Which version of Islam would you like today?

Sadness is…seeing Islam being watered down on Tumblr in order to maintain follower counts and appease fans. Finding ways to make Islam more palatable to those that are deliberately looking for loopholes does not invite others towards Islam, but instead invites them to a new permutation of what used to be Islam. This is the slippery slope that got the disbelievers into the position that they’re in. Look around and you’ll quickly notice the trends. The clerical hierarchies, the supposed tolerance for unacceptable behaviour, the contortion of gender roles, the ‘intellectualisation’ of the Sunnah, the formalisation of the acquisition of religious knowledge, the abdication of responsibility in social commitments, and so much more.

There is a huge difference, like night and day, between acknowledging our shortcomings in practising Islam the way it was intended to be practised, and trying to justify our shortcomings by assuming that some interpretations of Islam are incorrect so that we can condone our shortcomings. By the same token, there is an equally huge difference between practising Islam the way it was intended to be practised, and displaying an extremist view of how its rulings should be interpreted out of excessive piety. This is clearly reflected in the current state of scholarly pursuits because everyone feels a need to save Islam from incorrect interpretations but no one is willing to answer the question that begs to know what constitutes excessive questioning in terms of implementing the Sunnah. Something that I often contemplate, without arriving at an answer yet, is whether or not the actions of Rasulullah (SAW) was dissected to the nth degree by the first three generations, or was the dissection a response to the wanton deviance of those that followed?

Determining this has resulted in pursuits that are blindly excessive in most cases, hence the disconnect between the scholars, the wannabe scholars and the layman. In response, the layman, tired of being constantly blasted with rhetoric and condescension for having a deficient Imaan, retaliates by trying to justify why their mediocre efforts are acceptable, if not more meritorious than the wannabe scholars. The wannabe scholars respond by lambasting everyone with labels of deviance, blasphemy and heresy. And so the chasm between the groups widen, and Islam gets bastardised into a flavour-of-the-month for whoever endeavours to justify their view for a misguided audience.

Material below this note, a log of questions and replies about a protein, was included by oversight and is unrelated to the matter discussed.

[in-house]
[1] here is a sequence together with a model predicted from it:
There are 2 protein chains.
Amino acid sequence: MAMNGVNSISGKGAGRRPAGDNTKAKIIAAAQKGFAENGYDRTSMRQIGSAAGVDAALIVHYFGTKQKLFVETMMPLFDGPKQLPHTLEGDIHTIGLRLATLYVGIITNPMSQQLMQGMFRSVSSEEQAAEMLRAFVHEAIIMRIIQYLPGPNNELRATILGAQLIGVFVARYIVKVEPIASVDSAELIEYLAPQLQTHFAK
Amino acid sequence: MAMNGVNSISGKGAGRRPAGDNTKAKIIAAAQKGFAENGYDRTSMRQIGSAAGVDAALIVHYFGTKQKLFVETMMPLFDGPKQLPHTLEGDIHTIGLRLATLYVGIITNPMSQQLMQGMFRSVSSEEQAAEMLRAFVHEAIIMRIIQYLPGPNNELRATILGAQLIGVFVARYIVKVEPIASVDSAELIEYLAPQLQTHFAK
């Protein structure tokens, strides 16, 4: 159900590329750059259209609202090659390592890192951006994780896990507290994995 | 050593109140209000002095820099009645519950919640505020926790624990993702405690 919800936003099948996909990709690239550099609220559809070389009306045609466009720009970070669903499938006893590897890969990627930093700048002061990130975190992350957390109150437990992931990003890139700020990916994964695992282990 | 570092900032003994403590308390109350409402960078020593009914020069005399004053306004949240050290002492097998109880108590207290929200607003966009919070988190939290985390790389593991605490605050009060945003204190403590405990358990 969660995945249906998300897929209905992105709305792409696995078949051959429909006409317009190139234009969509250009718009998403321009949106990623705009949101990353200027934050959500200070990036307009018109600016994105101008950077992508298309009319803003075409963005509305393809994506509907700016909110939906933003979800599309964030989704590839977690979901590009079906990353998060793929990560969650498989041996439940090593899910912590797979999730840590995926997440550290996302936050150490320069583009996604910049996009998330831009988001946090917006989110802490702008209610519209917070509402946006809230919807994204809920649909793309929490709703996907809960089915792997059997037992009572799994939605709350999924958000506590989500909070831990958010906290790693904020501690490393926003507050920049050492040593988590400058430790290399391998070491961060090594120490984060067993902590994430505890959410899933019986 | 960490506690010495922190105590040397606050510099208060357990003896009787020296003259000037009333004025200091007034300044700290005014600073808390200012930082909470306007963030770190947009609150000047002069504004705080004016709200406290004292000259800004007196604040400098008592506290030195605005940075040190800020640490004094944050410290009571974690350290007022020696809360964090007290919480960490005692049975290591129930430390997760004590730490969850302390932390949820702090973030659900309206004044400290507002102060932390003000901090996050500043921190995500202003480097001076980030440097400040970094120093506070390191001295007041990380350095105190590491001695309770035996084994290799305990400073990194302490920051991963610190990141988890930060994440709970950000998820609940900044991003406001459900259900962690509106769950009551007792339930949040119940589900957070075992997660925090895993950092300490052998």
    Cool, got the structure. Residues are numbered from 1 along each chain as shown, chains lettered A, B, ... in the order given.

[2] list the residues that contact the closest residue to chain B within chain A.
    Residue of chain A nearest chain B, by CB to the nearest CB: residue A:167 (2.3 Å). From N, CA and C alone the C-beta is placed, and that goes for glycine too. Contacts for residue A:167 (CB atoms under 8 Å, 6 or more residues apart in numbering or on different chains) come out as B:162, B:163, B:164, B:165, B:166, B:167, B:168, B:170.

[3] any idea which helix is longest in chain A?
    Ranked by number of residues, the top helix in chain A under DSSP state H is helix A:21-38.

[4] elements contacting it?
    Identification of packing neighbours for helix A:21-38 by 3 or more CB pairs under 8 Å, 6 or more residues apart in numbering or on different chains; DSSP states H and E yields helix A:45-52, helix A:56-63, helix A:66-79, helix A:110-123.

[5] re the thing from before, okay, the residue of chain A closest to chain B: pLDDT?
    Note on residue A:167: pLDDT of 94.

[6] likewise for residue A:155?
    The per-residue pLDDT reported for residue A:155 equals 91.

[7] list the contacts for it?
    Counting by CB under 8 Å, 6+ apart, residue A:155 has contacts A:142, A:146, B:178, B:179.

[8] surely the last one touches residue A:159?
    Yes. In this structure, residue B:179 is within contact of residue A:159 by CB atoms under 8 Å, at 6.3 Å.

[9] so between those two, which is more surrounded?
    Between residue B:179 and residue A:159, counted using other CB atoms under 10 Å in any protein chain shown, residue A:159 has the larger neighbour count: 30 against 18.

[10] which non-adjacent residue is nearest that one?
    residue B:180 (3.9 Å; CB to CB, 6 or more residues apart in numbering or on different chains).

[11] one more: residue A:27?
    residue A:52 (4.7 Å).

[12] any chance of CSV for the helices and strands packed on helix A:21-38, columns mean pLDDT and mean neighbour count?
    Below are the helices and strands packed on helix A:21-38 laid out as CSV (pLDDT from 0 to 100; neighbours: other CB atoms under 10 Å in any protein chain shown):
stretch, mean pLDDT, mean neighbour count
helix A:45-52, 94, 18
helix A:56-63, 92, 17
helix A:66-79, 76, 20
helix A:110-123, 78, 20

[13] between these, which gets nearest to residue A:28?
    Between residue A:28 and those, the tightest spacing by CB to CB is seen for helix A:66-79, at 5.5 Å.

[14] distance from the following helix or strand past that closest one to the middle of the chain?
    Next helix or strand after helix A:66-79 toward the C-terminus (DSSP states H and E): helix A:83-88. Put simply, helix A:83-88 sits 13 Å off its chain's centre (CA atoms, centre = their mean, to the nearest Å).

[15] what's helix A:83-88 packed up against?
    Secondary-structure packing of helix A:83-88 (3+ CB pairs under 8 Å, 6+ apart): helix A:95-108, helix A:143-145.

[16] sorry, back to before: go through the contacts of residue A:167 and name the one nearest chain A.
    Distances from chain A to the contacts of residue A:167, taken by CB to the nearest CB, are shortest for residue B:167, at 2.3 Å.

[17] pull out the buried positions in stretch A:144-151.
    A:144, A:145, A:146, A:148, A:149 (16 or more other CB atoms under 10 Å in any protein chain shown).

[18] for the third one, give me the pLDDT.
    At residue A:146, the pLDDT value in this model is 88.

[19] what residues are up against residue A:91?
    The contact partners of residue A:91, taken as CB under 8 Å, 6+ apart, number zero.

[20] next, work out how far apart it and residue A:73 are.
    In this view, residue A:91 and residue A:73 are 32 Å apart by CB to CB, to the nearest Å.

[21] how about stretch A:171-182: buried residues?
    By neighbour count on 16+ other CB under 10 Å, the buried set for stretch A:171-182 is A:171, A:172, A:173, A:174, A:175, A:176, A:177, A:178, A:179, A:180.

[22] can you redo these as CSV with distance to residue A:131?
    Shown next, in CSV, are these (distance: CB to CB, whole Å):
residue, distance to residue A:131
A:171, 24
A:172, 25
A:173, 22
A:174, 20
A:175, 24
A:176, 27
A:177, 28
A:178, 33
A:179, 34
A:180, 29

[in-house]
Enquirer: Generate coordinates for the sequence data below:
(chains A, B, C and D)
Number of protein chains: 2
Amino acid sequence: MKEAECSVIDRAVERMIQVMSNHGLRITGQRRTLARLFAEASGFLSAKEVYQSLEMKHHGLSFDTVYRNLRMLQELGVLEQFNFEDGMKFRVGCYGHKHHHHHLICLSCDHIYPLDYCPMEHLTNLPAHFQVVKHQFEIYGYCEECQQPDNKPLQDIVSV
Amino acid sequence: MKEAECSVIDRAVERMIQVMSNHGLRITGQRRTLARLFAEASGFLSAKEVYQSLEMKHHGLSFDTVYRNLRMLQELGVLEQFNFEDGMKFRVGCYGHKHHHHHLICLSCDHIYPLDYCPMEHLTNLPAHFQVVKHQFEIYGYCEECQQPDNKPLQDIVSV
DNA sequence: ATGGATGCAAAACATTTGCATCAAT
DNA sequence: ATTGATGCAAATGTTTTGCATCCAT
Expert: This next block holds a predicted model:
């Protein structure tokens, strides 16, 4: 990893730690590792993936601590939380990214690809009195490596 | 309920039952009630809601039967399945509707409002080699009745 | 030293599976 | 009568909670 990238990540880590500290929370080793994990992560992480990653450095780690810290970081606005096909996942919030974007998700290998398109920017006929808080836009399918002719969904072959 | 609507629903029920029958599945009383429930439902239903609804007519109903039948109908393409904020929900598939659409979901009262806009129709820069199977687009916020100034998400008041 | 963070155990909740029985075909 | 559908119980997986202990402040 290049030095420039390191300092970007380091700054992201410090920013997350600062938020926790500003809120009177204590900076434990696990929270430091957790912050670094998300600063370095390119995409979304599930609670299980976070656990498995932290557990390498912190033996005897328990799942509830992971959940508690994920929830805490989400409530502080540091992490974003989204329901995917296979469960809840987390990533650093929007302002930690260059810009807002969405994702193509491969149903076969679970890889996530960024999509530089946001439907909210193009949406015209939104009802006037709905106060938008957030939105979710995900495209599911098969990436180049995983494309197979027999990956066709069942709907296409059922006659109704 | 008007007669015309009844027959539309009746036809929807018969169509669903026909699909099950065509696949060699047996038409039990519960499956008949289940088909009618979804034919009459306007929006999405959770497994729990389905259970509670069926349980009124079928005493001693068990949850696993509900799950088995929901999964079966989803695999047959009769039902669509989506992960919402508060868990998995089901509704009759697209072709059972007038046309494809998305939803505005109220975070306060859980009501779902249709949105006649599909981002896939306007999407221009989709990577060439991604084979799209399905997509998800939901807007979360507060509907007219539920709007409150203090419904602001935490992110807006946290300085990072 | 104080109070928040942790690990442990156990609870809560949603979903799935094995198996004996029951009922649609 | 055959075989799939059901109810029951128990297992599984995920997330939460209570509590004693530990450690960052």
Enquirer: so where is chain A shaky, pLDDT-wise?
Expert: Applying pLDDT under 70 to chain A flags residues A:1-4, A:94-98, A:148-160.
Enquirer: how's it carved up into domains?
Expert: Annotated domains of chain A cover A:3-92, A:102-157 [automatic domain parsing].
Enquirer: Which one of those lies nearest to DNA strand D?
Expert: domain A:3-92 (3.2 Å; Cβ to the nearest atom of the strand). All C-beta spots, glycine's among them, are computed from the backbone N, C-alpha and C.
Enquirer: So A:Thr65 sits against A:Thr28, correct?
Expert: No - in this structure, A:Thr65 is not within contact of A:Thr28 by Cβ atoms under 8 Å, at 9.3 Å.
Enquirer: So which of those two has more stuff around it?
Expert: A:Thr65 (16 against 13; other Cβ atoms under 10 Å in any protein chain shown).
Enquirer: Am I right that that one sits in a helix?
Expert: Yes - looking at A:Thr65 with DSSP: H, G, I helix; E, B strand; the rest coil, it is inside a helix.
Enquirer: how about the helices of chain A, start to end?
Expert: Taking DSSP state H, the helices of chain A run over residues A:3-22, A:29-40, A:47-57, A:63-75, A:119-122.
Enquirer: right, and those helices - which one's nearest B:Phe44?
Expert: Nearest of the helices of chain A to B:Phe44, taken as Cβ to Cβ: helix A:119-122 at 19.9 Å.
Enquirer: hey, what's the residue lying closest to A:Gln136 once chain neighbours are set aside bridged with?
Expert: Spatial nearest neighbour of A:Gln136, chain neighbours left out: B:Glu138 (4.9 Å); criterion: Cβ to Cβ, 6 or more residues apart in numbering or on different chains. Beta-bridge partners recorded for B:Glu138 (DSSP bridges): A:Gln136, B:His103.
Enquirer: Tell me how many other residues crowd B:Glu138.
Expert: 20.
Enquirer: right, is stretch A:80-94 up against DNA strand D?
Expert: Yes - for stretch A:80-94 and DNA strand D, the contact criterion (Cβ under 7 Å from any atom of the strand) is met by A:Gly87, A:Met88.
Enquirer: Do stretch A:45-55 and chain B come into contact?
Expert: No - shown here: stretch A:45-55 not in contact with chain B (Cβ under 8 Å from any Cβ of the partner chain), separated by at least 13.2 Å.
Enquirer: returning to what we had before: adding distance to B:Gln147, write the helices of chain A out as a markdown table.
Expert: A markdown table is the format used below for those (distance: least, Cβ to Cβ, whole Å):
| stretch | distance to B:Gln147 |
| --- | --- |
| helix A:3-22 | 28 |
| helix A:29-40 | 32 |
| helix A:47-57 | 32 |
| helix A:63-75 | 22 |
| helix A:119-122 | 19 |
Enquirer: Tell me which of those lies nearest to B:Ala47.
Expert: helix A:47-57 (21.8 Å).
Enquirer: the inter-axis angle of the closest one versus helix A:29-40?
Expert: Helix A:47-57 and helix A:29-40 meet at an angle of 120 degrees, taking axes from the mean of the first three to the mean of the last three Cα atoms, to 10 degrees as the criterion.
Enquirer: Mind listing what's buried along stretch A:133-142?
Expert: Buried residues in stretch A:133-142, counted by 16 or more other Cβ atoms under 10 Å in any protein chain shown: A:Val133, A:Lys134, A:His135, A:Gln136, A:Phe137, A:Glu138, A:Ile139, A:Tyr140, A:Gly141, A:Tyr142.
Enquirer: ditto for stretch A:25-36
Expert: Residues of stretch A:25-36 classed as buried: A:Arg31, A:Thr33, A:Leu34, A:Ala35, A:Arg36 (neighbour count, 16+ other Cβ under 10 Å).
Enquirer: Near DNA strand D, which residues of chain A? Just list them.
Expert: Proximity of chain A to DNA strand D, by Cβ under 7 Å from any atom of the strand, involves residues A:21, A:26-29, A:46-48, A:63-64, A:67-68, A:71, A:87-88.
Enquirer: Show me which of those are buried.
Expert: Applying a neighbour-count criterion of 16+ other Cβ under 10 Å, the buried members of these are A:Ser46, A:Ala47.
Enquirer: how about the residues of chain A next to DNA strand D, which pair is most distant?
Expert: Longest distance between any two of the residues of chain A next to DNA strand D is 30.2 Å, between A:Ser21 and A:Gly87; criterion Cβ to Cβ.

Because of the wisdom of the current generation of ‘scholars’, we now have underdogs in the Ummah that see fit to establish their own institutions that promise to be more accepting and tolerant of the ‘deviants’ and those that are looking for loopholes. There are no loopholes in Allah’s laws. If you think you’ve found one, you’re either innocently ignorant, selectively obtuse, or downright deviant with insufficient sincerity to seek the truth. 

Alas, my use of logic in trying to understand simple rules about being a Muslim will attract the venom of those that see logic as being a tool of those inspired by Greek philosophers because they (the accusers) are too blinkered to realise that Islam is logical in its practise, and divine in its faith. Every single ritual ever prescribed for us has a logical and practical purpose that either benefits us individually, or society collectively. And where the rights of society are impacted, such constraints will take precedence over individual liberties. But in the selfish atmosphere that we have engendered, it’s nearly impossible to even determine the rights of society any more simply because our focus is on individual piety only. We’ve lost the balance that Islam fosters, and instead have become obsessed with Islam as being a personal struggle and nothing more. 

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